Children in Ireland are dependants of their parents and have the same entitlement to health services as their parents. This means that if your parents have a medical card, you are included as a dependant on that card and are entitled to the same range of services as your parents.
At the same time, there is a range of services specifically for children and certain services are provided free of charge for children even if their parents do not have a medical card. These services are generally provided as part of maternity and infant welfare services, health services for preschool children and school health services. Children are also entitled to vaccination and immunisation services free of charge.
Budget 2015 included provision for free GP care for all children under 6 years of age, to be introduced following negotiations with the Irish Medical Organisation.
Children may be treated in public or private hospitals on the same basis as adults. There are a number of specialist children's hospitals. Entitlement to hospital services is the same in these hospitals as in public and voluntary hospitals generally. These hospitals provide in-patient services, out-patient services, day care, accident and emergency services and specialist services for children.
If children are admitted to hospital for treatment of defects discovered at child and school health examinations, they do not have to pay the usual in-patient public hospital charges.
There is no one age at which a child ceases to be a child for the purposes of health services but 16 is the more usual cut-off point.
If you are over 16 years of age and are a student or are financially dependent on your parents, you are entitled to medical card services if they possess a medical card. This means that you will be included on their medical card if you live at home and you will get your own card if you live away from home. In the medical card means test, there is an allowance for children aged over 16. This allowance is doubled if the child is in third-level education and is not getting a grant. This arrangement applies to young people up to the age of 25.
People who are receiving the Disability Allowance get a medical card in their own right. Young people may qualify for this allowance from the age of 16.
Children who are fostered all have individual medical cards. This is the case regardless of the entitlements of their foster parents. Read more about fostering in Ireland here.
Children may be regarded as dependants up to age 18 (or 23 if in full-time education) for the purposes of the prescribed drugs and medicines maximum family spending.
Children of any age who are mentally or physically disabled to such an extent that it is not reasonably possible for them to maintain themselves fully and who are living at home may also be regarded as dependants for the prescribed drugs and medicines arrangements.
Children may be charged reduced premiums on their parents' private health insurance arrangements up to age 18 (or 21 if in full time education).
In general, children over the age of 16 may themselves give consent to surgical procedures. It is the practice to get parental consent to medical procedures for children under that age even though it is not entirely clear that parents have the ultimate decision. In a recent court case, the Supreme Court ruled that only in exceptional circumstances would the court intervene to make an order that was contrary to the decision of parents regarding procedures for their children.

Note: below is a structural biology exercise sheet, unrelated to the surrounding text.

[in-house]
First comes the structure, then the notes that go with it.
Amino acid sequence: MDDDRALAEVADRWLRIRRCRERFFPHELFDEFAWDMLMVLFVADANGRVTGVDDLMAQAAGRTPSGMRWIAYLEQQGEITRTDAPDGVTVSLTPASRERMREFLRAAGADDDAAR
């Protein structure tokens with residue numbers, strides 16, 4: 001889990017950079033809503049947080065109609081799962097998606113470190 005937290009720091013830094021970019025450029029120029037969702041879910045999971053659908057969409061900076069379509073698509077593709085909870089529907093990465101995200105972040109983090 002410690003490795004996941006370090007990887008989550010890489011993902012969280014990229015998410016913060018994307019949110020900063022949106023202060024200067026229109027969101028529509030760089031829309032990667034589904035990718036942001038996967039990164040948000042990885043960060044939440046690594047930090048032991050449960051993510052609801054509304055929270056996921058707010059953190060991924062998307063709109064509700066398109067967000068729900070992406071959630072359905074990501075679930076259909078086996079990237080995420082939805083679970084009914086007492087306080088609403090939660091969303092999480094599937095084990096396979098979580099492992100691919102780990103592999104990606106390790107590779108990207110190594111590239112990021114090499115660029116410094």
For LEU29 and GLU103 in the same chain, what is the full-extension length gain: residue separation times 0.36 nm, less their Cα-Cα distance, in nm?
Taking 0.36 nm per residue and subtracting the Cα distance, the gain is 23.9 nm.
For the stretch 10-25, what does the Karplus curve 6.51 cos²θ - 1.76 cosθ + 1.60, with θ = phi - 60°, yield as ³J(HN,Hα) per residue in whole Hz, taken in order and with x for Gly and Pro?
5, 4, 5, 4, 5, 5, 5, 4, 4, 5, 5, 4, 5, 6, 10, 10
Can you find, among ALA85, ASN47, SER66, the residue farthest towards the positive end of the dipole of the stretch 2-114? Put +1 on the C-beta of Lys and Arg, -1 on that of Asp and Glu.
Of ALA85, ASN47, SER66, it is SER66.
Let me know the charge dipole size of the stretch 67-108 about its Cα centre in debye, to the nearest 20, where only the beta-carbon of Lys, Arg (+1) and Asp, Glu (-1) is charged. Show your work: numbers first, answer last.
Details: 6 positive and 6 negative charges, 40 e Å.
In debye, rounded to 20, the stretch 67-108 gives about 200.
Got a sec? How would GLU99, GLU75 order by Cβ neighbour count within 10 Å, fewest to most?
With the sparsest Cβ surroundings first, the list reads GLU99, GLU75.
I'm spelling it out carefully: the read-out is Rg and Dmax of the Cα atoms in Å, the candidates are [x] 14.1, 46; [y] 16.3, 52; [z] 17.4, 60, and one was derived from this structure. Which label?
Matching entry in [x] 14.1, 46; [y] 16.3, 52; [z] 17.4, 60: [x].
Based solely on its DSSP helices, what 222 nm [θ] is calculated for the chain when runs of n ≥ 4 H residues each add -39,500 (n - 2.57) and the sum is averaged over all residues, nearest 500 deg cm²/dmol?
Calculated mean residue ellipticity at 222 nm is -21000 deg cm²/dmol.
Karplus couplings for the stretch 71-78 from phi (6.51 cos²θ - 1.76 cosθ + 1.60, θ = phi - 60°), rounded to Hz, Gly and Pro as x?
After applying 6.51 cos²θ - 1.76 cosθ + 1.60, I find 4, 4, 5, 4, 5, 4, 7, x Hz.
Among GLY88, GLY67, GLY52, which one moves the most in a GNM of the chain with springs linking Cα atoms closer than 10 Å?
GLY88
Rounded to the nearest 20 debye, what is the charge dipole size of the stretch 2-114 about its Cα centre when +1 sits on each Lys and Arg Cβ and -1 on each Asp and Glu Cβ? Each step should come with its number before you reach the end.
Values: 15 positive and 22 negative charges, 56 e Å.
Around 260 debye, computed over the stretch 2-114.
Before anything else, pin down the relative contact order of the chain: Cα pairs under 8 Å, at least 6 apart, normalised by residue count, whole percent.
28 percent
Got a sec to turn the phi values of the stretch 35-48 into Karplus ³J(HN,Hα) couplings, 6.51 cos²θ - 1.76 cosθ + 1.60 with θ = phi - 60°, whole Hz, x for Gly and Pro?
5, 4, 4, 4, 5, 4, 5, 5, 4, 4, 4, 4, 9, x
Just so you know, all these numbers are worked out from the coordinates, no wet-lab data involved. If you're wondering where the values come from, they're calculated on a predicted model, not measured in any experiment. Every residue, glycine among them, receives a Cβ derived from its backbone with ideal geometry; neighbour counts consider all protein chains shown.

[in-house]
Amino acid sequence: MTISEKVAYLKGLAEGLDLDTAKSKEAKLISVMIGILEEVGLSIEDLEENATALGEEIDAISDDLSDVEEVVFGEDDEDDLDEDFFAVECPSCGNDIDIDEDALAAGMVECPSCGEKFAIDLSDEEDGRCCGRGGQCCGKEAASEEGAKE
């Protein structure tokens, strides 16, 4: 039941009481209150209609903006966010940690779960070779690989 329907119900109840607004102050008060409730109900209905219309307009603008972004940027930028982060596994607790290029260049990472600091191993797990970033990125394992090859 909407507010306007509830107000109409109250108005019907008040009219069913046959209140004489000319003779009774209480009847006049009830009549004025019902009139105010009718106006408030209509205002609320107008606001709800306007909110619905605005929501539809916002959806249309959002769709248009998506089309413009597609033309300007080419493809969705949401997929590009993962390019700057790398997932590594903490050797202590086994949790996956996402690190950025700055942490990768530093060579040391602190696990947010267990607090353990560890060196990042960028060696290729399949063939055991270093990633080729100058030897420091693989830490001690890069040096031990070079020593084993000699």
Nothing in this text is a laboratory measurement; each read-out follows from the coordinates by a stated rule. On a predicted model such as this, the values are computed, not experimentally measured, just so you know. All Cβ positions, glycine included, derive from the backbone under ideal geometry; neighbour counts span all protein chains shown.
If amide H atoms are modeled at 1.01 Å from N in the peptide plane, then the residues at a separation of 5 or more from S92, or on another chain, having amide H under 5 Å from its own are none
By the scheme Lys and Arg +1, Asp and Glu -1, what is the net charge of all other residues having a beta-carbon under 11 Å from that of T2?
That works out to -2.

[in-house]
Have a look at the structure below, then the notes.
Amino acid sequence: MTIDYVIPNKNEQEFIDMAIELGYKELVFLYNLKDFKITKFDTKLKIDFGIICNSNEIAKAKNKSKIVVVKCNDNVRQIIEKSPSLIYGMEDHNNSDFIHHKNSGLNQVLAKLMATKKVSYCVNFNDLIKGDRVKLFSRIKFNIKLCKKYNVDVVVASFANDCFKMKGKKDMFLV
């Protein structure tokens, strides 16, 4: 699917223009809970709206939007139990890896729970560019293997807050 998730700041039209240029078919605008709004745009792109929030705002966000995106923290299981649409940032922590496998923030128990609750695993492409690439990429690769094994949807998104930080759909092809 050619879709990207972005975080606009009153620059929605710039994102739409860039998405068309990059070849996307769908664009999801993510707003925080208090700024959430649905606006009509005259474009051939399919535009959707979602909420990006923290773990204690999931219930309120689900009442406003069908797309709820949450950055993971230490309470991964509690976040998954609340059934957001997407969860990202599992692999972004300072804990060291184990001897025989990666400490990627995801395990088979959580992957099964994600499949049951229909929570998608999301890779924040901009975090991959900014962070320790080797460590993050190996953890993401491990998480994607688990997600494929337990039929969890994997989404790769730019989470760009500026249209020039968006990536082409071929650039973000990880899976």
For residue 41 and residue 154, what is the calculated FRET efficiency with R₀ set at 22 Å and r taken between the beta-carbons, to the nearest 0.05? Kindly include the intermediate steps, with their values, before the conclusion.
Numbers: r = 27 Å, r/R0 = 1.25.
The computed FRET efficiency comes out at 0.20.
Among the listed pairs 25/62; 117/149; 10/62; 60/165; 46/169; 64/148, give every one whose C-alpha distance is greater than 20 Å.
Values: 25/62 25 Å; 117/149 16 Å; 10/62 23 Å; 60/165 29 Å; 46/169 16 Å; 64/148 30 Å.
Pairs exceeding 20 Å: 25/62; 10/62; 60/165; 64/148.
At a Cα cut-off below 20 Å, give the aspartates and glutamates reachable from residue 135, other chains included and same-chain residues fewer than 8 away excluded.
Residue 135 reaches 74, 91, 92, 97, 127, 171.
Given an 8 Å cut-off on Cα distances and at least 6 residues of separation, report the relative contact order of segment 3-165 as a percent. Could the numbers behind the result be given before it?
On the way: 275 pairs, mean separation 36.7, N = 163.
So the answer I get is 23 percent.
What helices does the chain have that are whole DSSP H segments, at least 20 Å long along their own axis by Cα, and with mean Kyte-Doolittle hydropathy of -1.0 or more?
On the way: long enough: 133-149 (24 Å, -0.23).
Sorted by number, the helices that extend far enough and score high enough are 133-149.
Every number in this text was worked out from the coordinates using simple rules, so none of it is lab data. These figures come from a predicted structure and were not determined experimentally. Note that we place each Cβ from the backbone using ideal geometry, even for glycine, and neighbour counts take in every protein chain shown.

So, in general, parental consent is required for children to have medical and surgical tests and procedures and to receive vaccinations and inoculations. Read more about consent to medical and surgical procedures here.
The Health Act 1970 is the principal legislation providing for children's health services in Ireland. Section 66 of Health Act 1970 provides that the Health Service Executive (HSE) is obliged to make available free of charge at clinics, health centres or other places a health examination and treatment service for children aged under 6 and for pupils attending national schools. Section 66 of that Act also allows for other schools to request the service and the HSE has the discretion to extend the service to such schools.
The legislation does not specify precisely what services are to be provided. In practice, the services include immunisation services, developmental paediatric examinations, visits by public health nurses, child welfare clinics and school health examinations.
67 of the Health Act 1970 provides that the HSE must provide dental,
ophthalmic and aural treatment and appliances in respect of defects discovered
at school health examinations set out under Section 66 of the same Act.
The Health (Amendment) Act 1994 provides that the HSE must provide free dental services for children who have attended schools to which Section 66 applied and who are below a certain age.
SI 248/2000 Health
(Dental Services for Children) Regulations 2000 sets the age limit at 15
years and provides that the children in question must get a preventive dental
treatment service in addition to a dental health screening service and primary
care treatment in respect of defects discovered.
If you have a question relating to this topic you can contact the Citizens Information Phone Service on 0761 07 4000 (Monday to Friday, 9am to 8pm) or you can visit your local Citizens Information Centre.